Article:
The new Canon 35mm f2 IS came in for review recently and as a lover of the 35mm focal length, I wanted to see just how far Canon has come in their technological lens advancements. The new lens has IS built in: which is actually a heck of a lot more practical than you’d think if you’re an event shooter. It also remains smaller than Canon’s 35mm f1.4 L and Sigma’s 35mm f1.4 DG. They all have different prices and also have some major differentiating factors.
But which one is right for you?
For this test we mounted the Canon 5D Mk II on a Vanguard Auctus 383CT with a GH-100 pistol grip head. Additionally, we used the Sigma 35mm f1.4 DG, Canon 35mm f2 IS, and Canon 35mm f1.4 L. The images were illuminated with a Canon 580 EX II.
Ergonomics and Build Quality
The Sigma 35mm f1.4 DG, Canon 35mm F2 IS and Canon 35mm f1.4 L are all well built lenses. But for what it is worth, Sigma takes the cake here. The exterior chassis is made of brushed metal and the lens overall just feels so much more solid in the hand. After the Sigma, it’s a tough call but I’d have to rate the 35mm f2 IS to be about on par with the 35mm f1.4 L. The exterior of both lenes is a tough plastic but the 35mm f2 IS has a textured finish for better grip.
As I type this, I’m thinking to myself about my days as a professional wedding and event photographer and just how much I relied on my 35mm f1.4 L. For years in my eyes, there was nothing like it. Nothing could top it, nothing could pull me away from it, and no lens in my bag made me happier.
But those years are now gone.
Autofocusing speed and consistency is where Canon starts to take the lead. By far, the new 35mm f2 IS is the fastest focusing lens of the bunch. So what does that mean? I’m inclined to say that it focuses faster than the Canon 50mm f1.4 but is still very far behind their 85mm f1.8.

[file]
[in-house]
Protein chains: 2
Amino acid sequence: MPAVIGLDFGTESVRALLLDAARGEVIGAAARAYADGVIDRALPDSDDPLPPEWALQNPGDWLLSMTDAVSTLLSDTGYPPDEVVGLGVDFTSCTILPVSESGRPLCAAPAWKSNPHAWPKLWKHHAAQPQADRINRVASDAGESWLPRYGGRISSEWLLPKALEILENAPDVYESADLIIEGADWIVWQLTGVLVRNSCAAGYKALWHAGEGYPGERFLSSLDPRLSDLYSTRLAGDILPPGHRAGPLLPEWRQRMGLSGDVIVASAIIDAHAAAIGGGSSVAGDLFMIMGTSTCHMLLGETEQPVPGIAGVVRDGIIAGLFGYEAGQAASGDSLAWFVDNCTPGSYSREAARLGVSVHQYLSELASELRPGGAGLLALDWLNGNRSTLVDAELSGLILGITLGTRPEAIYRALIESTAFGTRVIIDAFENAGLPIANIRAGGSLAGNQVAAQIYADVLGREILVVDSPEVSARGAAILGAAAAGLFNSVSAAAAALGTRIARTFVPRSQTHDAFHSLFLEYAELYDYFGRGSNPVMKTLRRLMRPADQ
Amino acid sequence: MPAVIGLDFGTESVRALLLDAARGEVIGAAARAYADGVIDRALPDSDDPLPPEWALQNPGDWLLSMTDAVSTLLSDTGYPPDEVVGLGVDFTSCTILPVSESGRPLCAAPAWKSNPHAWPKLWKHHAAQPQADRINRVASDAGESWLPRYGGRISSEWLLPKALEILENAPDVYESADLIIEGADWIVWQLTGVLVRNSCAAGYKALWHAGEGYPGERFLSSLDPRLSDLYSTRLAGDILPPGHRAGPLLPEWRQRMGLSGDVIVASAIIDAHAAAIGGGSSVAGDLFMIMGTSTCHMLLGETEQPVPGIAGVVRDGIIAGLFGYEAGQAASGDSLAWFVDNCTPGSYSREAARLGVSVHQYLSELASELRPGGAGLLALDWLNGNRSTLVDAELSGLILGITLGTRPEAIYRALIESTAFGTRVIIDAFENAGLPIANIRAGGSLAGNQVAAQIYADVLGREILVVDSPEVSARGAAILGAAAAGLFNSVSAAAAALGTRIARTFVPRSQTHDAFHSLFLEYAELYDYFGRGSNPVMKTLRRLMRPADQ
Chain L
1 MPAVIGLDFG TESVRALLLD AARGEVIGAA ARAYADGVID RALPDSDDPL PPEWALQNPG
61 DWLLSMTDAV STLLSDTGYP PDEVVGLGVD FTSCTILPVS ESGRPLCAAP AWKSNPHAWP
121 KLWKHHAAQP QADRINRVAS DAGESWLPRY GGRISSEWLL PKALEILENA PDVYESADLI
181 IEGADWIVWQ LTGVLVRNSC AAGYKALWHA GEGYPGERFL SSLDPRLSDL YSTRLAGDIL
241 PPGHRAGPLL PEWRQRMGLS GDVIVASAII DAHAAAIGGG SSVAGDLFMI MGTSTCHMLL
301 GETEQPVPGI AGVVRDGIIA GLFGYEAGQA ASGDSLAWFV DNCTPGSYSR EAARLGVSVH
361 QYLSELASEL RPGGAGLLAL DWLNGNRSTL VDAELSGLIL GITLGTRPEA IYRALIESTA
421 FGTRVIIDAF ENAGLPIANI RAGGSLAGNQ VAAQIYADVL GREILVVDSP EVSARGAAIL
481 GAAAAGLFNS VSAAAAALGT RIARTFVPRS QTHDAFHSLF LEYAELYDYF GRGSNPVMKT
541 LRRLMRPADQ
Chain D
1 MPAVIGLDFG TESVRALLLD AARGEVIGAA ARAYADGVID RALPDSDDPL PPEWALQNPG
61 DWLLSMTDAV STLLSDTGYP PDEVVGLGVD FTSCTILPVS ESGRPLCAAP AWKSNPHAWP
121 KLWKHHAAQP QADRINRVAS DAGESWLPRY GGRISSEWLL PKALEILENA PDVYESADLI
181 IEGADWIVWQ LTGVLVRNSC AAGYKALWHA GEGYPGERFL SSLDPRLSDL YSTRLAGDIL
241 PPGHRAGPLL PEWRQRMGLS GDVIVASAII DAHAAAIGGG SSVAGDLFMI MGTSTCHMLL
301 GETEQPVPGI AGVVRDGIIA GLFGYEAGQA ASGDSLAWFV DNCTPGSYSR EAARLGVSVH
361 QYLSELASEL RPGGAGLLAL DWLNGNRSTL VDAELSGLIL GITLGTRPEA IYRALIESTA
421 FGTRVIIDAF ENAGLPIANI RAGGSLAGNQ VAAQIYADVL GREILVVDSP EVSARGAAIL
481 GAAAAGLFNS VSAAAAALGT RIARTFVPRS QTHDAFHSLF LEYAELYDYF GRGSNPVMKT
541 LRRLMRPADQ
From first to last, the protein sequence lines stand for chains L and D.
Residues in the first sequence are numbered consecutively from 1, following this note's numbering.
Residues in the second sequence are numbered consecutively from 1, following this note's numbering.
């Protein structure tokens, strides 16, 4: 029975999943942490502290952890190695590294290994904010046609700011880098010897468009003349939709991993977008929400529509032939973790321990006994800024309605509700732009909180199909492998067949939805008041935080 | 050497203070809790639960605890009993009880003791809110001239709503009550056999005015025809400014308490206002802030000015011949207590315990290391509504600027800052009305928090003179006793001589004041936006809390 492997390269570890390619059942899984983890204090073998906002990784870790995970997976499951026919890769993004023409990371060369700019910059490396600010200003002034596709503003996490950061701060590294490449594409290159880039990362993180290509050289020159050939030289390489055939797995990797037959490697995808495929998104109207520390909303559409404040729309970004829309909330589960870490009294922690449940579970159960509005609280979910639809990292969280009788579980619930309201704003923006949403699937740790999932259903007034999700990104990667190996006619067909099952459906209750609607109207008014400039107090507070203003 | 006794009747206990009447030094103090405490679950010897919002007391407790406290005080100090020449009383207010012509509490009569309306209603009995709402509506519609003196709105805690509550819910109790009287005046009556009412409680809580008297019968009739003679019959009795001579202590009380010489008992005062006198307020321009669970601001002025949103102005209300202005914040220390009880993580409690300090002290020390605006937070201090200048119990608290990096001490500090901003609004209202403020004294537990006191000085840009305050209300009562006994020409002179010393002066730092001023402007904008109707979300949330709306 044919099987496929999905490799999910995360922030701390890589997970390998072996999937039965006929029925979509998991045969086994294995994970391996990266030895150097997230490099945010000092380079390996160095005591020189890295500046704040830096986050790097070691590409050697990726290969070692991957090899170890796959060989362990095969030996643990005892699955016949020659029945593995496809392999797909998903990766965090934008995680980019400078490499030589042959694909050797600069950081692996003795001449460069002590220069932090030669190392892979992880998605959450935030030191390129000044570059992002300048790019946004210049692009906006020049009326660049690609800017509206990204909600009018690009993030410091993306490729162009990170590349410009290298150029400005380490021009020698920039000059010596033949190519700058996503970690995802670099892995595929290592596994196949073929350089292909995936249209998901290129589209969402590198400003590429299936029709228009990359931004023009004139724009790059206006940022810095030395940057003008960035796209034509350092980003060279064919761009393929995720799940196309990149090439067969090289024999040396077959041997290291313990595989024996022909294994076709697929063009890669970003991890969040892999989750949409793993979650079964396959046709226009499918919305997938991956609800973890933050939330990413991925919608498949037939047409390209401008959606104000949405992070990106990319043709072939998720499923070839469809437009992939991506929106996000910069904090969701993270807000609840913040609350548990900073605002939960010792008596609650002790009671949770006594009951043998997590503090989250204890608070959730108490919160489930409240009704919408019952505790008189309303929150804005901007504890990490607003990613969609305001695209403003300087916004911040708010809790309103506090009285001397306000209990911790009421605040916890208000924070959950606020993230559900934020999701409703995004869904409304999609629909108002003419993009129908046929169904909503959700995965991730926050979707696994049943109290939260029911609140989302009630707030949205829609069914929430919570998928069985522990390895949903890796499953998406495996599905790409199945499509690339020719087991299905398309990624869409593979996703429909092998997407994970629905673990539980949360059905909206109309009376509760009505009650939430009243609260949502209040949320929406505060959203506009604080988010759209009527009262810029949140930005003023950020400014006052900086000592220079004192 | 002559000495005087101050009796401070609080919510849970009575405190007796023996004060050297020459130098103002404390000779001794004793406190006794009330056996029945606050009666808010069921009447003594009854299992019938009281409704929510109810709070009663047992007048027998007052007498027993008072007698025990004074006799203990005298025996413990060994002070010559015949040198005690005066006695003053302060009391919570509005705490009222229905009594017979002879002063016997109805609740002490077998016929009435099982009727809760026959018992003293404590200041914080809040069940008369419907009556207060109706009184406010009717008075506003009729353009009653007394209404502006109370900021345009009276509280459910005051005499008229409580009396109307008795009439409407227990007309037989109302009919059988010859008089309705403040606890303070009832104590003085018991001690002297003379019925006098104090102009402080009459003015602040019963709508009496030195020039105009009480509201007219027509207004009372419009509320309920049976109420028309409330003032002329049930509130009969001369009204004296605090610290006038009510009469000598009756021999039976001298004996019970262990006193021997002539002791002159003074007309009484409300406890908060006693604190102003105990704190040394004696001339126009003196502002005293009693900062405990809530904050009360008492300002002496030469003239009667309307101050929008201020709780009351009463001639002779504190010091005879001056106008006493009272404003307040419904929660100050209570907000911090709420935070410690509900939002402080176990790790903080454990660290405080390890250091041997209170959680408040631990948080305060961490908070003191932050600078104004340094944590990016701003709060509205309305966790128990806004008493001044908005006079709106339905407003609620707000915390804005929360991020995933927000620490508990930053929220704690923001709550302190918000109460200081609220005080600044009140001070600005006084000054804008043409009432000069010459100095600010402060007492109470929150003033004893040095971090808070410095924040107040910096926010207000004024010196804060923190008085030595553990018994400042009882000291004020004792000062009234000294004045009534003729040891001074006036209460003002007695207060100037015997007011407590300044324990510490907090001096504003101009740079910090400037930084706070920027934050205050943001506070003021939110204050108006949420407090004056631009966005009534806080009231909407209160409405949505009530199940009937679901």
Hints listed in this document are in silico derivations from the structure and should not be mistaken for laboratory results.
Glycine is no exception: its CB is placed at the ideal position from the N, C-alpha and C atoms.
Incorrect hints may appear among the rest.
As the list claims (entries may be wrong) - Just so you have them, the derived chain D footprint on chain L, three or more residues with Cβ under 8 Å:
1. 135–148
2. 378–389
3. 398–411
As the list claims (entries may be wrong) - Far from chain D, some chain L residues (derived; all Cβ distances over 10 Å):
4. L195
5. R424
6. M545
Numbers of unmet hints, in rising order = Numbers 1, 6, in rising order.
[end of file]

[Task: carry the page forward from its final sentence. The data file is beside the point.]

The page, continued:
The 35mm f1.4 L and DG lenses are pretty much neck and neck on a Canon 5D Mk II and will perform similarly with a newer model after lots of use. Initially, the Canon will take the edge but after a while the Sigma will adapt to use with the Canon DSLR. With older camera models though, just be sure to carefully pay attention to the corner focusing points.
Ease of Use
All three lenses are as simple to use as pointing it at the subject, focusing, and shooting. None of them have an effective depth of field scale for manually focusing and the only extra switch that any of them have is the IS on the 35mm f2 IS. You’ll need to keep this one in mind when you are shooting on a tripod.
To do this test, we put the camera on a tripod and shot in aperture priority with the ISO down to 100. Then we put a flash on the camera and aimed it at the same spot for each image. We set the camera to delay shooting mode and then we adjusted the aperture accordingly.
No post-production was done to these images except for resizing for the web. Here’s the tally:
In our tests, we found Sigma’s lens to be best for what it is worth. Not only does it exhibit excellent image quality, but it also focuses fast enough and has a metal exterior. However, we have to say that the 35mm f2 IS seems like a better buy than the 35mm f1.4 L at the moment. The added value of IS plus a smaller package really make this lens worth the money. Where the 35mm f1.4 L takes the lead though is in bokeh rendering. It really is quite marvelous–especially when photographing a couple at a wedding.
What do you think though? We’d love to hear from you.
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